Standing In the Mirror Cursing Myself Out
Following the Don Imus slur that incited so much outrage, I sat and thought about why any race would appropriate hate-speech as a term of endearment. I joked with a friend how odd it would sound if a Latino man walked up to another and said, “Yeah, this is my spic,” or if a White man would run into his neighbor at the grocery store and greet him by saying, “How’s it going honkey?” It’s funny because it would never happen. So, how did the “nigga” conundrum begin? Why, when it began so long ago, did those that were “in the know” not pump the brakes of the younger folks who thought it would be a cool phrase. The argument that it is empowering to convert a word used for hate, into a term of camaraderie is ridiculous. No other culture appears to share this belief. Hate is hate. Hate begets hate. Then there’s the issue of the trying to explain why a girl from the projects that uses her flirtation and, sometimes more, to get ahead is a “ho,” while a young lady from Spellman who dates men who pay her bills is simply resourceful and ambitious. More importantly, it appears the lines become blurred when men fail to recognize the distinction between the two and resort to calling both types, simply, a “ho.” Oprah Winfrey had an open discussion on the subject this past Monday and Tuesday. She included respected members of the Black community, young women from Spellman College and members of the Rap industry who discussed why the Rap industry fails to see the connection between the glamorizing of sexism and oppression and the proliferation of hate speech in America. Ultimately, the Rap industry would like it if we see the problem as one that started before they began uttering the hate speech and so it should be addressed in general and not focus solely on their industry. What was most disturbing was how the record industry executives felt that freedom of speech should protect those that wish to continue to voice their experiences – even if those experiences included the artist using words such as “bitch,” “ho,” or “nigga.” One panel member said it best when he said that no one will be given more respect that they give themselves. Simply, if we’re okay with calling each other bitches, niggas, etc., it is difficult to hold others accountable for echoing our hate speech.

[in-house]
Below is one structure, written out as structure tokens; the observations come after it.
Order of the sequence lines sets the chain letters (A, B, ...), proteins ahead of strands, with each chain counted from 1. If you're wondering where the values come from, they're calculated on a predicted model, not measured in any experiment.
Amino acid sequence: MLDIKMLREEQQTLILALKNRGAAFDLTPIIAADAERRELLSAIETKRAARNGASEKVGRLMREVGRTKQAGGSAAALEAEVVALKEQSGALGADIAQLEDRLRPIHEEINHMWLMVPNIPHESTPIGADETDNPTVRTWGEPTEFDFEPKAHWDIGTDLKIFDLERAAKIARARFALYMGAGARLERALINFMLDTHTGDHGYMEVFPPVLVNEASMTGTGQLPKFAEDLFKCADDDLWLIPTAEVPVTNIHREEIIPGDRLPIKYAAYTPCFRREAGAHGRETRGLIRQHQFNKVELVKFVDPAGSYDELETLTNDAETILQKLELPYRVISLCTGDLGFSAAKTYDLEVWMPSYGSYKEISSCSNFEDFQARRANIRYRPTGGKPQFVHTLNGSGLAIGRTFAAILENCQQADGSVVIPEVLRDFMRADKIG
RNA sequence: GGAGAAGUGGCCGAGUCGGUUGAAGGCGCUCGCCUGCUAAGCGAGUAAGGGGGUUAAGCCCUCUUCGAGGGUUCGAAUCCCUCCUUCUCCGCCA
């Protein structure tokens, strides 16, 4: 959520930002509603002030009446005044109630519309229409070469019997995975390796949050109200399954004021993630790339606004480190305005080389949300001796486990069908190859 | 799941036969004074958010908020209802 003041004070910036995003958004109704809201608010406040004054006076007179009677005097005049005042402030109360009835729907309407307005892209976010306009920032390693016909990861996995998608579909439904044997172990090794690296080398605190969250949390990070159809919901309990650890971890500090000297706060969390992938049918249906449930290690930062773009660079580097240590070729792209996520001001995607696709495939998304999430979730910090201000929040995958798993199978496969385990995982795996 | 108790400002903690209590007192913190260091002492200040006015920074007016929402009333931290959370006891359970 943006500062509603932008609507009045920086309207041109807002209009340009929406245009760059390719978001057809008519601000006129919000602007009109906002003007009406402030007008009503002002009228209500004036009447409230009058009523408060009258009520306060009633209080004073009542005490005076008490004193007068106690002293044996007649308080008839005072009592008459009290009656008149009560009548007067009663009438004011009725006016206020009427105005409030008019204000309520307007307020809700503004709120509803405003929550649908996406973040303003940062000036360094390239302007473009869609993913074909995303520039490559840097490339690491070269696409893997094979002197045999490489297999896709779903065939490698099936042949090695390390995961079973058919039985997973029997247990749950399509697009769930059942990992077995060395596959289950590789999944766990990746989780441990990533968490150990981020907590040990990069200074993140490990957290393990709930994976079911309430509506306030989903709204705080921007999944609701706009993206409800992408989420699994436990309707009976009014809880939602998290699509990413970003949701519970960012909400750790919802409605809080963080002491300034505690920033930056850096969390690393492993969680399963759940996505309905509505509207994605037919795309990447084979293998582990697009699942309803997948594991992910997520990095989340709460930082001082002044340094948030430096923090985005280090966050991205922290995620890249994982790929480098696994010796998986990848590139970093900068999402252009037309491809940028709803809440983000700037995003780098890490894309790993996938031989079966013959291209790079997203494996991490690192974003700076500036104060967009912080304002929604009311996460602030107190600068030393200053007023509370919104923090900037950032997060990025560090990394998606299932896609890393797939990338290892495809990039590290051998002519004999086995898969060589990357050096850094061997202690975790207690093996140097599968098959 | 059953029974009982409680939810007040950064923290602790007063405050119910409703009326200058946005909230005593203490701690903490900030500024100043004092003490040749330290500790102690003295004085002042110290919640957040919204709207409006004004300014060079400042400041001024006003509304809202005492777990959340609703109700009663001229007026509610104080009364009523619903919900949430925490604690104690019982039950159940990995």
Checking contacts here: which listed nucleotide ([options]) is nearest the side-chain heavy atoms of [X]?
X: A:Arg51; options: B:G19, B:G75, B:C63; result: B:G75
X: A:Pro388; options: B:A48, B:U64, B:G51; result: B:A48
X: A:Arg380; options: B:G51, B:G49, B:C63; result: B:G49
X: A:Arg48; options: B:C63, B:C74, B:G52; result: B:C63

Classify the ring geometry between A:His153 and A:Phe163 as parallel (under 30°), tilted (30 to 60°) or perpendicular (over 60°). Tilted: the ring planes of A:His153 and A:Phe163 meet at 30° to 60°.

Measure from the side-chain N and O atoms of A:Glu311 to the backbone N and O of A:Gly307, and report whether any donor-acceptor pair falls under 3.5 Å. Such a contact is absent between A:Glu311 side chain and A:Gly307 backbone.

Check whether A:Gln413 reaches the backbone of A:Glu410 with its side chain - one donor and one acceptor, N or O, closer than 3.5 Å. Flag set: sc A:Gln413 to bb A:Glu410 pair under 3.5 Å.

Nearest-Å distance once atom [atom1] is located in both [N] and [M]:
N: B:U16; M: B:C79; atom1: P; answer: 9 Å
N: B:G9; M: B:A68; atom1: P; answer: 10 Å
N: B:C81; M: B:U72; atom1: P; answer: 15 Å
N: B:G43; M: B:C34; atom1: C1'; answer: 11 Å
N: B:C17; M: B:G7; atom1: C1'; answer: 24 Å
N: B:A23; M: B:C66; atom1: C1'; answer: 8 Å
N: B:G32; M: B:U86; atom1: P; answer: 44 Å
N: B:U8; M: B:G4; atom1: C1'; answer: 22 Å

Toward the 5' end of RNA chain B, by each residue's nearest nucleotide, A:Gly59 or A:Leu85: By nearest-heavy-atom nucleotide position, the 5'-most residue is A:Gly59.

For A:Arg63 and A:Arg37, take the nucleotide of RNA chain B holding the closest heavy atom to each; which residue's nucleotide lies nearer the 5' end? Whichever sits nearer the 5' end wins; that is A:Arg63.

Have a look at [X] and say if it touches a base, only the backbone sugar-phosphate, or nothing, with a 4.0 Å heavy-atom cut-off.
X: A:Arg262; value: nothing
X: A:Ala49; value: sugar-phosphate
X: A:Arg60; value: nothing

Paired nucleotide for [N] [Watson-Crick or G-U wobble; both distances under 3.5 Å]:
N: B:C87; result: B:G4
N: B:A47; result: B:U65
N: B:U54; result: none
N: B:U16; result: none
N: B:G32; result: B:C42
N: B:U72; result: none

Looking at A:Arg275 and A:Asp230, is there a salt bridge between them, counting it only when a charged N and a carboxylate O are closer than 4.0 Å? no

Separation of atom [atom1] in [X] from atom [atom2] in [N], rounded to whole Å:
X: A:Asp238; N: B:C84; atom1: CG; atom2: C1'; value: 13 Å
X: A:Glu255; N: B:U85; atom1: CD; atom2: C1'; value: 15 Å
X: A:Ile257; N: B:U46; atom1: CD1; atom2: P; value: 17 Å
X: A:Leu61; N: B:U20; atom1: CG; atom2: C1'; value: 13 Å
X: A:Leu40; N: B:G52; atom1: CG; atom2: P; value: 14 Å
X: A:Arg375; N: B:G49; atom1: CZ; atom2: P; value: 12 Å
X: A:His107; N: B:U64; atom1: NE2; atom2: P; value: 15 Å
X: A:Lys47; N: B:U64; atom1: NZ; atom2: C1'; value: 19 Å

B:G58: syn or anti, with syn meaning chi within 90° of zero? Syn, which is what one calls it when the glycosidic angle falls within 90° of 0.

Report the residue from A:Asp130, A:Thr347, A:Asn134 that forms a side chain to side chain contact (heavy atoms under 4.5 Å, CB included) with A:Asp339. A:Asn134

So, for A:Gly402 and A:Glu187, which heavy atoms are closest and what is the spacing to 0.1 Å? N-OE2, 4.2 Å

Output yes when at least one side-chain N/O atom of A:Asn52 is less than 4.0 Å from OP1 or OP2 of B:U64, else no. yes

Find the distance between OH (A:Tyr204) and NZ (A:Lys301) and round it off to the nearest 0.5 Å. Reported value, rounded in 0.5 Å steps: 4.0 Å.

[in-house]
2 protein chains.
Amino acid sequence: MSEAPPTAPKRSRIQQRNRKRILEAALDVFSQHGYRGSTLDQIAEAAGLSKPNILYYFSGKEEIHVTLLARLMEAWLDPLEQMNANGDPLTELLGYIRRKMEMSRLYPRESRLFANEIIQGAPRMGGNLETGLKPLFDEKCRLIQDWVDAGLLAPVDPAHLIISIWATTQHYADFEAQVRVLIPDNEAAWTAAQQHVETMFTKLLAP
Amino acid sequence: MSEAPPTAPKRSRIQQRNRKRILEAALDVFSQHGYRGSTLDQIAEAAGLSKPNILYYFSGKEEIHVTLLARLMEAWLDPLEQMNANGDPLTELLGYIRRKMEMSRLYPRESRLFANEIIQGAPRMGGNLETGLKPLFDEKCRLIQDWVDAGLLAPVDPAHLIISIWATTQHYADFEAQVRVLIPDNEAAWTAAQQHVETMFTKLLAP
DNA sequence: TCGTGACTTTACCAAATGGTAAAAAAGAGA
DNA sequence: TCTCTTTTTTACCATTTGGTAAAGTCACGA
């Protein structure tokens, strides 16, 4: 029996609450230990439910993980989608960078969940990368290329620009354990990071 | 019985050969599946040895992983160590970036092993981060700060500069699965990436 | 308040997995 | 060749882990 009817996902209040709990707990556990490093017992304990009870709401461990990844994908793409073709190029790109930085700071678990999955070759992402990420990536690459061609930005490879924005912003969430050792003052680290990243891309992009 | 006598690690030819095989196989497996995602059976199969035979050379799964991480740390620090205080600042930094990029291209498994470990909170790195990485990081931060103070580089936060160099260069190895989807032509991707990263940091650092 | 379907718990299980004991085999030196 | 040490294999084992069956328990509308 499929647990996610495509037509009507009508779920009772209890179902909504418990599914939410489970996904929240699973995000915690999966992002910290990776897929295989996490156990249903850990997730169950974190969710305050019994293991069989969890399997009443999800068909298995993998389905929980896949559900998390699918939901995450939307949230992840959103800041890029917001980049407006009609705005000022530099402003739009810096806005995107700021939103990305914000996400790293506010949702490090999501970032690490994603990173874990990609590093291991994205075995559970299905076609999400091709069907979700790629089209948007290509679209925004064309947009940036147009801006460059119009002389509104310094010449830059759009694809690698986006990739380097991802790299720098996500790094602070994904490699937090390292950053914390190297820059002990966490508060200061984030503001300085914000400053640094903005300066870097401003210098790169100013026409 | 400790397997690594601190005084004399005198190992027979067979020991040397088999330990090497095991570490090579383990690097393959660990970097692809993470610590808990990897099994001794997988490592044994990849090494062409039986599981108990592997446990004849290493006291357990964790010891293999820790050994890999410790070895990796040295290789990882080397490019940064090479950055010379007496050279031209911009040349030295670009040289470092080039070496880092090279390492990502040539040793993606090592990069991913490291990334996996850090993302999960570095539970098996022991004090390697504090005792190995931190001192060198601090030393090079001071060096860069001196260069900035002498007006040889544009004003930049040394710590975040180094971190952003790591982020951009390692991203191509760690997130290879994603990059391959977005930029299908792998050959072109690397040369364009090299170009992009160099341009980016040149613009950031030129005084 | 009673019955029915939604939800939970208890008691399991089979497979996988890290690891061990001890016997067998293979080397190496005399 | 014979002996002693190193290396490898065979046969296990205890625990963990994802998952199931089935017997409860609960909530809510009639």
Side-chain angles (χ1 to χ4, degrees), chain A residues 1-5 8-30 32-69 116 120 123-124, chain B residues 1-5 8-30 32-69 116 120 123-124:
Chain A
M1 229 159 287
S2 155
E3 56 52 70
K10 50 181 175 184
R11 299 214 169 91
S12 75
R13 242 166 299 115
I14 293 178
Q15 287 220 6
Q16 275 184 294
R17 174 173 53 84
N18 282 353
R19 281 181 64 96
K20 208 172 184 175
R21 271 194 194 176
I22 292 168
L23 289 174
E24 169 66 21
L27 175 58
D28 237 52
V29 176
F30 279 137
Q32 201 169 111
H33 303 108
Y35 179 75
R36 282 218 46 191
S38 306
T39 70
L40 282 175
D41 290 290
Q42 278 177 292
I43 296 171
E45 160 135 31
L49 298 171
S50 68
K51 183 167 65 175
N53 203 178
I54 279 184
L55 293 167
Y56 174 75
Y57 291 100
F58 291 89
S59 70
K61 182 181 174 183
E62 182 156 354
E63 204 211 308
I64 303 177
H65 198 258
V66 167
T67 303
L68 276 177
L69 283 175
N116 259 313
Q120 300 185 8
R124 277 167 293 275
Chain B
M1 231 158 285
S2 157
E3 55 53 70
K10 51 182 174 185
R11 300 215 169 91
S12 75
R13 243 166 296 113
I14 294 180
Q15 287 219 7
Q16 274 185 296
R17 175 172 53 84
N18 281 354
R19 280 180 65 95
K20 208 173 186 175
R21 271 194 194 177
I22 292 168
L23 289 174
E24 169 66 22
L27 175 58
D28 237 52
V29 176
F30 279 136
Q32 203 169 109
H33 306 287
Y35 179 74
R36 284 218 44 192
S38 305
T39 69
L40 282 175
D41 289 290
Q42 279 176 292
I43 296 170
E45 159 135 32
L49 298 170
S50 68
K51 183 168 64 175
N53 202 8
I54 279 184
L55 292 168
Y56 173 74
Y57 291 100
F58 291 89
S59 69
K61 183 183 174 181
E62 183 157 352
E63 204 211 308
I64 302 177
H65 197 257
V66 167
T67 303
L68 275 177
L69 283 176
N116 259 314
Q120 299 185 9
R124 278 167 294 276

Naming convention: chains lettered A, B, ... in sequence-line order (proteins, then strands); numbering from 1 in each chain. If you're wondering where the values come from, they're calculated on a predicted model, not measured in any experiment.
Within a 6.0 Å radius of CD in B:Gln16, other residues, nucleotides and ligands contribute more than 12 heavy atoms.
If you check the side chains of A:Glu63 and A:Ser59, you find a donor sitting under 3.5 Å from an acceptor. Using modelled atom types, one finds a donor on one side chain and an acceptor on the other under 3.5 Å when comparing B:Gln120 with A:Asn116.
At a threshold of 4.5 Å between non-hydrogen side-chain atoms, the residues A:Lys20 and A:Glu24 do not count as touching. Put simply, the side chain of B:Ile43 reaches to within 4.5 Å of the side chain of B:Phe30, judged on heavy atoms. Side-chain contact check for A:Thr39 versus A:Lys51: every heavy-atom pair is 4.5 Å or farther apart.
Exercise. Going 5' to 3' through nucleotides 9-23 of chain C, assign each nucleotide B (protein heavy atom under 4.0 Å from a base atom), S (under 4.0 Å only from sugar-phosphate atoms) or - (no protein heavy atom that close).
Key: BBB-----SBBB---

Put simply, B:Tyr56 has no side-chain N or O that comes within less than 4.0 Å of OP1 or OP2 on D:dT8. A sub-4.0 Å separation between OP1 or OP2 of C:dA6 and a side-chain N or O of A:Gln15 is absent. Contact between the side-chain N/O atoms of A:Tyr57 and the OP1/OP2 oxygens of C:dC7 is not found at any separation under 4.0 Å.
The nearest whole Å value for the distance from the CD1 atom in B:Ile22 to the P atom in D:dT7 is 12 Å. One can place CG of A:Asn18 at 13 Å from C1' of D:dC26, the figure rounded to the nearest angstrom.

Our first amendment rights protect what we say – regardless of what that is. The rap industry appears to hinge their argument on protecting that right in an effort to explain why it is important to allow rappers to express themselves as they see fit. Do you believe we would still have “nigga, ho, bitch,” etc. in rap lyrics if our communities refused to purchase music from any artist that engaged in hate speech? Is “green” the ultimate deciding color in racist remarks and freedom of speech discussions?
Keep passin’ the open windows…